Bringing my thoughts together from International CES 2014, I was struck by the extent of diversification – chips, devices, platforms, and especially end-markets. There was, as always, a dizzying amount of information, gadgets, solutions, and futuristic dreams. But two themes really stand out as likely capturing the next phase of the semiconductor and electronics industry: diversification and collaboration.
One noticeable difference this year was how the major chip manufacturers demonstrated their latest solutions and products for a diversifying set of end-markets. It's always been a challenge for chip manufacturers to get people excited by simply displaying a tiny processor, micro-controller, memory stick, GPU, or any type of IC on its own. The excitement first comes when you can see what the person can possibly dream of doing with the latest architectures and chips – that takes a partner and a cool device.
Collaboration & diversification critical
Innovation always reigns at CES (and in high-tech in general), as does the advancement of chip solutions, but this year's collaboration between major chip manufacturers and device manufacturers of all types was everywhere – in the halls and during keynotes. Perhaps because we are seeing real attention to device diversification, or perhaps because we may be coming to an end of Moore's Law tick-tock cycles, the exhibitor halls focused on presenting a different message this year.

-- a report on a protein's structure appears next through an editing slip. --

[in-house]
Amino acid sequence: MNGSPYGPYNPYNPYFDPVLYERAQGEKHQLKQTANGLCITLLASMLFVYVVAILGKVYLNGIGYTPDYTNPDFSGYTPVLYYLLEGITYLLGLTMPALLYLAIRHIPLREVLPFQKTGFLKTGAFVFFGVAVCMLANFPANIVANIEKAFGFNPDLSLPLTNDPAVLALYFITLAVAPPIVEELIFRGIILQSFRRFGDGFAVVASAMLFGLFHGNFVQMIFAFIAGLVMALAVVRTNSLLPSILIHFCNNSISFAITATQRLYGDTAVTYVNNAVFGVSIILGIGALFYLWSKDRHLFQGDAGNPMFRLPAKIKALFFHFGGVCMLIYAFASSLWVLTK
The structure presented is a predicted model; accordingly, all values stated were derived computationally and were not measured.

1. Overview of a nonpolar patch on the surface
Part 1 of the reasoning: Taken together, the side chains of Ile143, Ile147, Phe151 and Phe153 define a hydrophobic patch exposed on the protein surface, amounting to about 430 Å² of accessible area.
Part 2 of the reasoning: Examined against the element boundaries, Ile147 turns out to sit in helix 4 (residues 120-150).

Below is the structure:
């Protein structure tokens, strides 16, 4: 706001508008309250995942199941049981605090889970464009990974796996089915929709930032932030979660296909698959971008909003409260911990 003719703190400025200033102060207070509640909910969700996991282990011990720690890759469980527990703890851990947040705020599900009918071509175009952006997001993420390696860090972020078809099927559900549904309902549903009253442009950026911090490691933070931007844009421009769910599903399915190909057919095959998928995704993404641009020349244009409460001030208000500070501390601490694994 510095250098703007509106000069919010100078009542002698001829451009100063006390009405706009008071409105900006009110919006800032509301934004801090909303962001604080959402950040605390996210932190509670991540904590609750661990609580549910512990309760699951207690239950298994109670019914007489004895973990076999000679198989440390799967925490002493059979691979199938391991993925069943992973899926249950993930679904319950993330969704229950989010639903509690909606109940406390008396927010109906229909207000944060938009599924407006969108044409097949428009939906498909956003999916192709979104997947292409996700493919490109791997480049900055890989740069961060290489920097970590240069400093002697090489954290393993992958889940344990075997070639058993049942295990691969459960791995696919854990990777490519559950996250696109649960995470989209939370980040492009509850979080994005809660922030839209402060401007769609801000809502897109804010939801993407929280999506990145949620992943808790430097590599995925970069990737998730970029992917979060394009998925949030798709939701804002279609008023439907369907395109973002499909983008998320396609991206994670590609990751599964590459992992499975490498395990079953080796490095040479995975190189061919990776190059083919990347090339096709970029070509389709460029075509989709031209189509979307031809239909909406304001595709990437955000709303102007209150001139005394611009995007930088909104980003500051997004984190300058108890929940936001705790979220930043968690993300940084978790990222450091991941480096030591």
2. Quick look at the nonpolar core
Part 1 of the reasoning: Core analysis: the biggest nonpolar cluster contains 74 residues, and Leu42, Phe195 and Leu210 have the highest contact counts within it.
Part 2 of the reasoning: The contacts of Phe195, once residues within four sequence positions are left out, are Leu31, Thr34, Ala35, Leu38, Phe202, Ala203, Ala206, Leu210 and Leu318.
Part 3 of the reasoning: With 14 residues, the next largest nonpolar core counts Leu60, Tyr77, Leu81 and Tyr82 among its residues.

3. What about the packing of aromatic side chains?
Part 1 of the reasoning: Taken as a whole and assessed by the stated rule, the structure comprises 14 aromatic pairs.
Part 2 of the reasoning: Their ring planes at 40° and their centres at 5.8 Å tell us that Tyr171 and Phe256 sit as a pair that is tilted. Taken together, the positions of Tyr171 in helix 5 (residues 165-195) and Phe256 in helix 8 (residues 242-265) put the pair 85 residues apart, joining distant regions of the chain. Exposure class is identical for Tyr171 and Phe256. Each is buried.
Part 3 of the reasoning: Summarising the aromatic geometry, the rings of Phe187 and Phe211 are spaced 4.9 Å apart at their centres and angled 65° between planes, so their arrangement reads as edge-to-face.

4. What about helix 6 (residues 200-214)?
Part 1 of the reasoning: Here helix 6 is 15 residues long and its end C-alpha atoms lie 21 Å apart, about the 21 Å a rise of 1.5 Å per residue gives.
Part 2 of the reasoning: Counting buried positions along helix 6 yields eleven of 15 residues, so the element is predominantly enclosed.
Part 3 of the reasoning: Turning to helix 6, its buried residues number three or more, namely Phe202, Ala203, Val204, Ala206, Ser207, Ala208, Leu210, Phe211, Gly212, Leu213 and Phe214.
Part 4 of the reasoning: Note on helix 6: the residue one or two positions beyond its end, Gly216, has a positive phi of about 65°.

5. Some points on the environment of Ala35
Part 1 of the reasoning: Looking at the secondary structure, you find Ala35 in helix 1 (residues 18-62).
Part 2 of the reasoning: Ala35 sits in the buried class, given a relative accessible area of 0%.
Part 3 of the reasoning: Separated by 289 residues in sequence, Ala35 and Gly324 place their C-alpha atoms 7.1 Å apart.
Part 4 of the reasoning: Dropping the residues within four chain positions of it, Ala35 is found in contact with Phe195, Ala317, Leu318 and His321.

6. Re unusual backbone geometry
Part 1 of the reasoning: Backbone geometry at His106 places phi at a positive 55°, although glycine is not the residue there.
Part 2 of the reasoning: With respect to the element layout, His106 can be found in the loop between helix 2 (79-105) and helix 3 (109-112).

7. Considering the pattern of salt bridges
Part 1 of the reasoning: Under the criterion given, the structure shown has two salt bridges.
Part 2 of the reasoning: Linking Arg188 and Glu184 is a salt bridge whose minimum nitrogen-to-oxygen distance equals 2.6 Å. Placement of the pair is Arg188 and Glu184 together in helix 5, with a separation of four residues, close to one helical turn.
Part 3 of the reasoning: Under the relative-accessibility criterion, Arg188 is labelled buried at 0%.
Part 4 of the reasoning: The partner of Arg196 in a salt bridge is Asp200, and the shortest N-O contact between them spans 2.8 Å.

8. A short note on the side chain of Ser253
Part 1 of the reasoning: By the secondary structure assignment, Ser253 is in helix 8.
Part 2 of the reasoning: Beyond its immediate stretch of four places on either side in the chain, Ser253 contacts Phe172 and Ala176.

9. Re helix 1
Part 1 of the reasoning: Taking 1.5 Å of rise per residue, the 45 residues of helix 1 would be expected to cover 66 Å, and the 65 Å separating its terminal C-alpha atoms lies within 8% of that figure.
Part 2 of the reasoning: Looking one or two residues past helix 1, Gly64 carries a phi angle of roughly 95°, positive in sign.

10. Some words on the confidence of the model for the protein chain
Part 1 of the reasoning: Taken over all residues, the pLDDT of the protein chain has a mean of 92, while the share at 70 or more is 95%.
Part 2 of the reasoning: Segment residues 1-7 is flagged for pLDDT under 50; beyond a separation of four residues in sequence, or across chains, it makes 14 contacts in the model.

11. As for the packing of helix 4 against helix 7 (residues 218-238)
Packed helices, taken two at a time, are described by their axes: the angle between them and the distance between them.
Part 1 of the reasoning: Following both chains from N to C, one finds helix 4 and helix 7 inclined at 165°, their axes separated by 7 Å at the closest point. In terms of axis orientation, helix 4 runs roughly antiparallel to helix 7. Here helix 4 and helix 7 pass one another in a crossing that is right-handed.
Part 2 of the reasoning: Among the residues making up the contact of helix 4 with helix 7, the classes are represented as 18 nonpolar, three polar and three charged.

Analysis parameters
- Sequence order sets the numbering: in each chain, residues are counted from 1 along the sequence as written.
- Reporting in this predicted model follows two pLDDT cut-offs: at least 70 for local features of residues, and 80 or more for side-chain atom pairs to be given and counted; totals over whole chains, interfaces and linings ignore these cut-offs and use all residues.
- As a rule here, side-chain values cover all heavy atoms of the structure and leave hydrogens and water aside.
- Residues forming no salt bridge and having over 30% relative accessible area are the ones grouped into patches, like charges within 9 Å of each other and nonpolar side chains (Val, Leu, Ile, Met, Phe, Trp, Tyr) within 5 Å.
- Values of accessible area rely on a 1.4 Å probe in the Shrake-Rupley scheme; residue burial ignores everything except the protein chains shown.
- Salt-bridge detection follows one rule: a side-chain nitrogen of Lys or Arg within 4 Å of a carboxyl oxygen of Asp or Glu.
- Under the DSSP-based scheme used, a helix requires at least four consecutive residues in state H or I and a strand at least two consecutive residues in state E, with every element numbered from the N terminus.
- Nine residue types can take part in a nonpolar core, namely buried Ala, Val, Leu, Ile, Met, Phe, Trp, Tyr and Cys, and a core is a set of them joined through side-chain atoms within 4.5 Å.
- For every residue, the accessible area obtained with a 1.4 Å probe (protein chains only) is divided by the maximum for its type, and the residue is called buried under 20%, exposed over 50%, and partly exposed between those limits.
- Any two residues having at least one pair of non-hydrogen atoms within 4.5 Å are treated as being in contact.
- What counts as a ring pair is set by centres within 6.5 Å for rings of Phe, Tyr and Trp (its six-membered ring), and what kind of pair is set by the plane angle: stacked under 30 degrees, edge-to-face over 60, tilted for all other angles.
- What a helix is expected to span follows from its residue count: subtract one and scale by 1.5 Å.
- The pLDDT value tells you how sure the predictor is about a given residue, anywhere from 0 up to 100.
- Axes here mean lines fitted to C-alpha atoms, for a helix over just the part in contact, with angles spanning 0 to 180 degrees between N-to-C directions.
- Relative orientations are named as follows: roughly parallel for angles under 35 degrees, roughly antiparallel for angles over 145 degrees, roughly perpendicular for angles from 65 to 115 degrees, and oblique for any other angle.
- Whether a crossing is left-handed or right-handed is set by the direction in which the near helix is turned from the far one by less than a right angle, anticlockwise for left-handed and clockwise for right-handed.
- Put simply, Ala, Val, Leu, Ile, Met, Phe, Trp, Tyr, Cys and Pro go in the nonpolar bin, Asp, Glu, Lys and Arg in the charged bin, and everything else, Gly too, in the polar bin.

One example of this difference was Intel's exhibitor space, and this year's keynote address spotlight with CEO Brian Krzanich. In previous years, the Intel blue-lights greeted visitors with an abundance of gadgets, tablets, laptops, and phones as soon as you entered the Central Hall. While plenty of blue-hue surrounded us again this year, the first images and main "product" in the entrance was a car! Of course, many companies are pushing automotive solutions this year, with very good market reason; Intel put their diversification and collaboration strategy front and center in the exhibit space.
Don't get me wrong, Intel still had a dizzying amount of products using the full line of their amazing processors; but instead of the traditional computer-based showcase stacked to the roof, they were clearly demonstrating their successful ability to diversify into new markets as well, highlighting Intel's solutions to support their partners' products.
During his opening keynote, Krzanich had quite a bit to offer the audience regarding Intel's processor and solution advances. The Quark announcements such as dual-OS for computing and the related Edison's small SoC form factor to support wearable device innovation both promise real diversification options for Intel into a wider variety of mobile, wearable, and other upcoming (small form-factor) CE devices. There's going to be intense competition this year.